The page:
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2 minute read | September 2015

Stephan Vogel, Ogilvy & Mather Germany’s chief creative officer, has said “Nothing is more efficient than creative advertising. Creative advertising is more memorable, longer lasting, works with less media spending, and builds a fan community…faster.”1 But in the world of marketing, creativity needs to convert into sales. Are brands succeeding in making the creative in their advertising campaigns as effective as they should be?

Nielsen’s marketing mix work in the FMCG space has found that television advertising drives about 50% of incremental sales for a brand. Our meta-analysis showed that the average efficiency of a TV campaign in driving incremental sales is 1.2X. This was seen to as high as 3.5X in case of stronger campaigns.

The 3C Model

So how can marketers ensure content quality, execution and spends are at optimal levels? At Nielsen, we believe the solution to this issue is a “3-C” framework. By focusing on consumers, content and context, brands can drive campaign success and deliver better advertising.

Reaching the consumer efficiently is the first step towards efficient advertising. Consequently, brands need to focus on accurate reach in addition to considering total reach. While there is robust measurement available for television, there are no powerful reach measurement tools in case of digital. And the right tools are essential. Nielsen’s Digital Ad Ratings, for example, enables marketers to choose the right publishers by looking beyond their reach or traffic numbers to the on-target reach they offer.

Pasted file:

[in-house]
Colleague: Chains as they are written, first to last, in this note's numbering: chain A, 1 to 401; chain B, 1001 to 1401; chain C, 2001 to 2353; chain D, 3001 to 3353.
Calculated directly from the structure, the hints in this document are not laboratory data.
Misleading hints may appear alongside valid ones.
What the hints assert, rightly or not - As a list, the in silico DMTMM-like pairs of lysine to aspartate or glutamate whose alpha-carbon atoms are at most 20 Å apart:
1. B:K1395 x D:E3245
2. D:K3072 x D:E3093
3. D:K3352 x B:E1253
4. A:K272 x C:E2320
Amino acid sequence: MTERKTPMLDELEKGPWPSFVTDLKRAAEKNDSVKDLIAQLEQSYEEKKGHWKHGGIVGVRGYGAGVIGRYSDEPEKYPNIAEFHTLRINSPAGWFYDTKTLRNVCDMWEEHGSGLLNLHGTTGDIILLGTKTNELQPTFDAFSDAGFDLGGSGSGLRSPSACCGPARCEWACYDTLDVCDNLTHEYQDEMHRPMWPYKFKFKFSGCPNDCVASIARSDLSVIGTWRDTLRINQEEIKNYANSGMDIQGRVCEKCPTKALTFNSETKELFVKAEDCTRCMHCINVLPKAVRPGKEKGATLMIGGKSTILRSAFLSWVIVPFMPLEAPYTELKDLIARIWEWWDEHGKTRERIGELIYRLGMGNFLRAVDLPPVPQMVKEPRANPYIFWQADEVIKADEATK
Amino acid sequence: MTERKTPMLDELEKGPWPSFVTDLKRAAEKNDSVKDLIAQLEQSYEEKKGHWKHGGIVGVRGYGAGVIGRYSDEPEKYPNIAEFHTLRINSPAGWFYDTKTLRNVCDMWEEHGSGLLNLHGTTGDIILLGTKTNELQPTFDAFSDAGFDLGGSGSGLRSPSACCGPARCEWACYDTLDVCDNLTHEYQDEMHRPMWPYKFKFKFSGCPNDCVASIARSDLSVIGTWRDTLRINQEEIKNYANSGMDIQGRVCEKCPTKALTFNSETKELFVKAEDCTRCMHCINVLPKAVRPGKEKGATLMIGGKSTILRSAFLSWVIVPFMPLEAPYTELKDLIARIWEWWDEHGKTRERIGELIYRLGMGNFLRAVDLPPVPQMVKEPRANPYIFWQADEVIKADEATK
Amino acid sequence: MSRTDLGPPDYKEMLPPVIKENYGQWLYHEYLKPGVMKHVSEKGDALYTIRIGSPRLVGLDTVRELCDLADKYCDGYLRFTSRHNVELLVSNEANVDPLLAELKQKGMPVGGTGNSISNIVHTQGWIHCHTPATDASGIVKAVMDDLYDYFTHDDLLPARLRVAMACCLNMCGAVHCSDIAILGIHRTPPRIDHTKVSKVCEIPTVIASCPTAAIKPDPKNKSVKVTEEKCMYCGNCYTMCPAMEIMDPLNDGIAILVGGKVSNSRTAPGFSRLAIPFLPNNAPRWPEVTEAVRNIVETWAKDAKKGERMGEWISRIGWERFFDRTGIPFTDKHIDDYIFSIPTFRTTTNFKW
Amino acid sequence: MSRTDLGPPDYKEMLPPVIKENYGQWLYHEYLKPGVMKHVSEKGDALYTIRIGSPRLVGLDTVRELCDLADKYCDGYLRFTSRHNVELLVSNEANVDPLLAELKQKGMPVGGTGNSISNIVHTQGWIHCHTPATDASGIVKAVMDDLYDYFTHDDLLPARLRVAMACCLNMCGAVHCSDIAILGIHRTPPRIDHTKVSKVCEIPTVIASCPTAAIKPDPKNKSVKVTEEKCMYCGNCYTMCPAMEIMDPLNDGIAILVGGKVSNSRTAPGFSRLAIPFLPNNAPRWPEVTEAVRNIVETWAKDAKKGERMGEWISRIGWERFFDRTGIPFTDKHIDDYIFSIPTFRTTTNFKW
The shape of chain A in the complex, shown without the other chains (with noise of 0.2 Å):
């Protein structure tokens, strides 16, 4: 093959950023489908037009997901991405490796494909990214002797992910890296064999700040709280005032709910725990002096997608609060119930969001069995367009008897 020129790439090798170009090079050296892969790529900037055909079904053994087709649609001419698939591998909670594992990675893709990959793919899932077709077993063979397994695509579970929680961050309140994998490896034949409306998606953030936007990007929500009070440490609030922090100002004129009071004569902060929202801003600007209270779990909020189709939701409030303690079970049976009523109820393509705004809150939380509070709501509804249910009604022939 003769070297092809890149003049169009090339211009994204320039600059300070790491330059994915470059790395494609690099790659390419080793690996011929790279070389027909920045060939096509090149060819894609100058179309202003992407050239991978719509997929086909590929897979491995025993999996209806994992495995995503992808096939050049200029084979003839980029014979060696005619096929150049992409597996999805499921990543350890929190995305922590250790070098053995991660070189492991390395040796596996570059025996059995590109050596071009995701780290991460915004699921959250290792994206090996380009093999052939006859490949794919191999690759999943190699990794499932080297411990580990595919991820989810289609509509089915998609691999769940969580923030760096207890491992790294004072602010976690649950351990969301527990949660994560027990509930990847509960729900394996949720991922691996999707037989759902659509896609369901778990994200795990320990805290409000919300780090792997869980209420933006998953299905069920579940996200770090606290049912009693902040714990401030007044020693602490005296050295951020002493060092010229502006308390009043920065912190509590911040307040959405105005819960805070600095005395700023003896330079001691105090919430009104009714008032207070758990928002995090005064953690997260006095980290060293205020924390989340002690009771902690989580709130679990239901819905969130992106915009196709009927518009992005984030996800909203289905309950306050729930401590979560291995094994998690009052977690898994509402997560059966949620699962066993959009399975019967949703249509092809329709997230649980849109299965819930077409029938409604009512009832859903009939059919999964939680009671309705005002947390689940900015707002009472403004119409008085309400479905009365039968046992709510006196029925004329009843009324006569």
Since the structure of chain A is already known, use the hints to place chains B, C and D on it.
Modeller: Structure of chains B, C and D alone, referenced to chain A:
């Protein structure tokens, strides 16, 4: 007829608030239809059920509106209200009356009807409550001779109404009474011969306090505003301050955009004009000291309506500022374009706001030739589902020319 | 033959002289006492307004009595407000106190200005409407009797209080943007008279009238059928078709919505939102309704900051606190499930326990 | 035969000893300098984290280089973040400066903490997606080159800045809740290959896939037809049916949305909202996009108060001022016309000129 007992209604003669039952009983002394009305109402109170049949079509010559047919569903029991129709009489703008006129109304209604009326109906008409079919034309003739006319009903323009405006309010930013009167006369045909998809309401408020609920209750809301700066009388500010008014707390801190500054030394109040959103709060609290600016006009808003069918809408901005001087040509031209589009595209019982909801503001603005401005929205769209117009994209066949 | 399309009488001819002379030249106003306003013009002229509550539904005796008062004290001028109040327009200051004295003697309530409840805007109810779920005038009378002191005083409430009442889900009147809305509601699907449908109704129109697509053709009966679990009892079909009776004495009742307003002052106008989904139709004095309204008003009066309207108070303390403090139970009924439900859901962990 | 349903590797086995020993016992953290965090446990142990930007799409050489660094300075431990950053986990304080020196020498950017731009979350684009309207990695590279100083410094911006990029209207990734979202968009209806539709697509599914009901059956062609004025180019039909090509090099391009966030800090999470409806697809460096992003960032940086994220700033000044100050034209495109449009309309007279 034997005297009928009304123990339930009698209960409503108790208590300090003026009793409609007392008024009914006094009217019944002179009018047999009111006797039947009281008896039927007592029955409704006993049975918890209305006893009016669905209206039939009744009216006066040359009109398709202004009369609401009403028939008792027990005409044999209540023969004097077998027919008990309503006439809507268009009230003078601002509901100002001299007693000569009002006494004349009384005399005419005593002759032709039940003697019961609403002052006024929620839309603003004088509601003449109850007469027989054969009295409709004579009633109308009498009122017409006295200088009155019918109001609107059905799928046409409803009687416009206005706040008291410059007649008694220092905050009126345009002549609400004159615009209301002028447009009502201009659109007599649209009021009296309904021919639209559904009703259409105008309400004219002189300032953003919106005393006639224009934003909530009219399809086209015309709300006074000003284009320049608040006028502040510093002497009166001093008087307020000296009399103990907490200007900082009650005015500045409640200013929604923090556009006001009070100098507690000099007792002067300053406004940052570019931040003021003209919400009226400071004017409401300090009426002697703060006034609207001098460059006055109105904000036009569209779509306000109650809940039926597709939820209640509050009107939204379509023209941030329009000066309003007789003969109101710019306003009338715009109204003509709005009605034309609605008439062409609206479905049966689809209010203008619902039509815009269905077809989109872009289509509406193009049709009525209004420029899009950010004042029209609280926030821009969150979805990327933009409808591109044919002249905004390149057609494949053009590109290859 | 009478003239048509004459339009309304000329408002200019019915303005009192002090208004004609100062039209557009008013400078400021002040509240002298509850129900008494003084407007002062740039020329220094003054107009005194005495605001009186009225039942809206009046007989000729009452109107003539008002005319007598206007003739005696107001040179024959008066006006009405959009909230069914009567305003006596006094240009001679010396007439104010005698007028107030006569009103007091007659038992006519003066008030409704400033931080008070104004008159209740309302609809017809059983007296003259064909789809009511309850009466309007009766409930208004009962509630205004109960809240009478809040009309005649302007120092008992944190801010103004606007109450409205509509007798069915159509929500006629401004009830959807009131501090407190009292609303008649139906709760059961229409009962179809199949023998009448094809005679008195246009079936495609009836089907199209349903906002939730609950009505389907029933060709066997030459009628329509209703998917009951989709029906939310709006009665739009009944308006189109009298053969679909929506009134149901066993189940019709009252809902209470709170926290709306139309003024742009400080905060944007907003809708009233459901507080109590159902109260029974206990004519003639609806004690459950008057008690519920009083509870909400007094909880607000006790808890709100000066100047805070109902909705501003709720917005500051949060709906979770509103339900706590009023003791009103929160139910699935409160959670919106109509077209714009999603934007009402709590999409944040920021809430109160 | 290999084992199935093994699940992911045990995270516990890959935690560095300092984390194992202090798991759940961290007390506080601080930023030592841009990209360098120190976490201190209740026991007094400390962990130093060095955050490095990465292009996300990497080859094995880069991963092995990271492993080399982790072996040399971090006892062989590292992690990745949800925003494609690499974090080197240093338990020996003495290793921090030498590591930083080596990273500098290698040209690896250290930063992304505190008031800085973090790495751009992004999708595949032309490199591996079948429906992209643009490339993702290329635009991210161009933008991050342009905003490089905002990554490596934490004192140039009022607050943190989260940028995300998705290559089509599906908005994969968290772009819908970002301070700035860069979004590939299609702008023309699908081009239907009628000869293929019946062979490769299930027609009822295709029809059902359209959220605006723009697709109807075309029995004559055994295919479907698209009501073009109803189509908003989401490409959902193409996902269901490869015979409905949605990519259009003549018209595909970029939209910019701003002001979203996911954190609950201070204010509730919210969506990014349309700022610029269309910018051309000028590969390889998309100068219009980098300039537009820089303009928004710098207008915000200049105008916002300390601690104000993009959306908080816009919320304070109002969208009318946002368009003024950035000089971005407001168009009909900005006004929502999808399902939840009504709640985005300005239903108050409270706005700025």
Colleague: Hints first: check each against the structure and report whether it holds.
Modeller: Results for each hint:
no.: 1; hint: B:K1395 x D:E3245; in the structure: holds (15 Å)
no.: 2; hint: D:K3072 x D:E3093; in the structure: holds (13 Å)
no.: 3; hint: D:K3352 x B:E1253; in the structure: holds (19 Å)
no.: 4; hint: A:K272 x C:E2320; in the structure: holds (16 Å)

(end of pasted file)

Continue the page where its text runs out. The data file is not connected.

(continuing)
Secondly, effective television advertising’s content should capture the viewer’s attention in the first five to seven seconds because that is where the risk of losing the consumer is highest. The content must also engage consumers and activate their memory at the moment of purchase. Empirical evidence shows that the use of elements like multisensory stimulus, motion that helps direct viewers’ gaze and a central visual field that garners maximum attention of viewers, have a deep impact on the memory, making advertising content with such features more effective.

The third important pillar in making advertising more effective is context. Brands could consider priming their advertising campaign within an appropriate context. At any moment when consumers engage with a stimulus or any content, they are “primed” by what they have been exposed to previously. It has been found that if the content of the advertisement matched the contextual theme, it performed significantly better across key neurometrics.

In conclusion, advertising campaigns need to be tracked and modelled around the 3-Cs. When put to use, the 3-C framework can generate significantly better return on investment for advertising campaigns across media, thereby ensuring better marketing effectiveness for spending.

1-Werner Reinartz and Peter Saffert, “Creativity in Advertising: When It Works and When It Doesn’t,” Harvard Business Review, June 2013. https://hbr.org/2013/06/creativity-in-advertising-when-it-works-and-when-it-doesnt

For more details, download the full report (top right).

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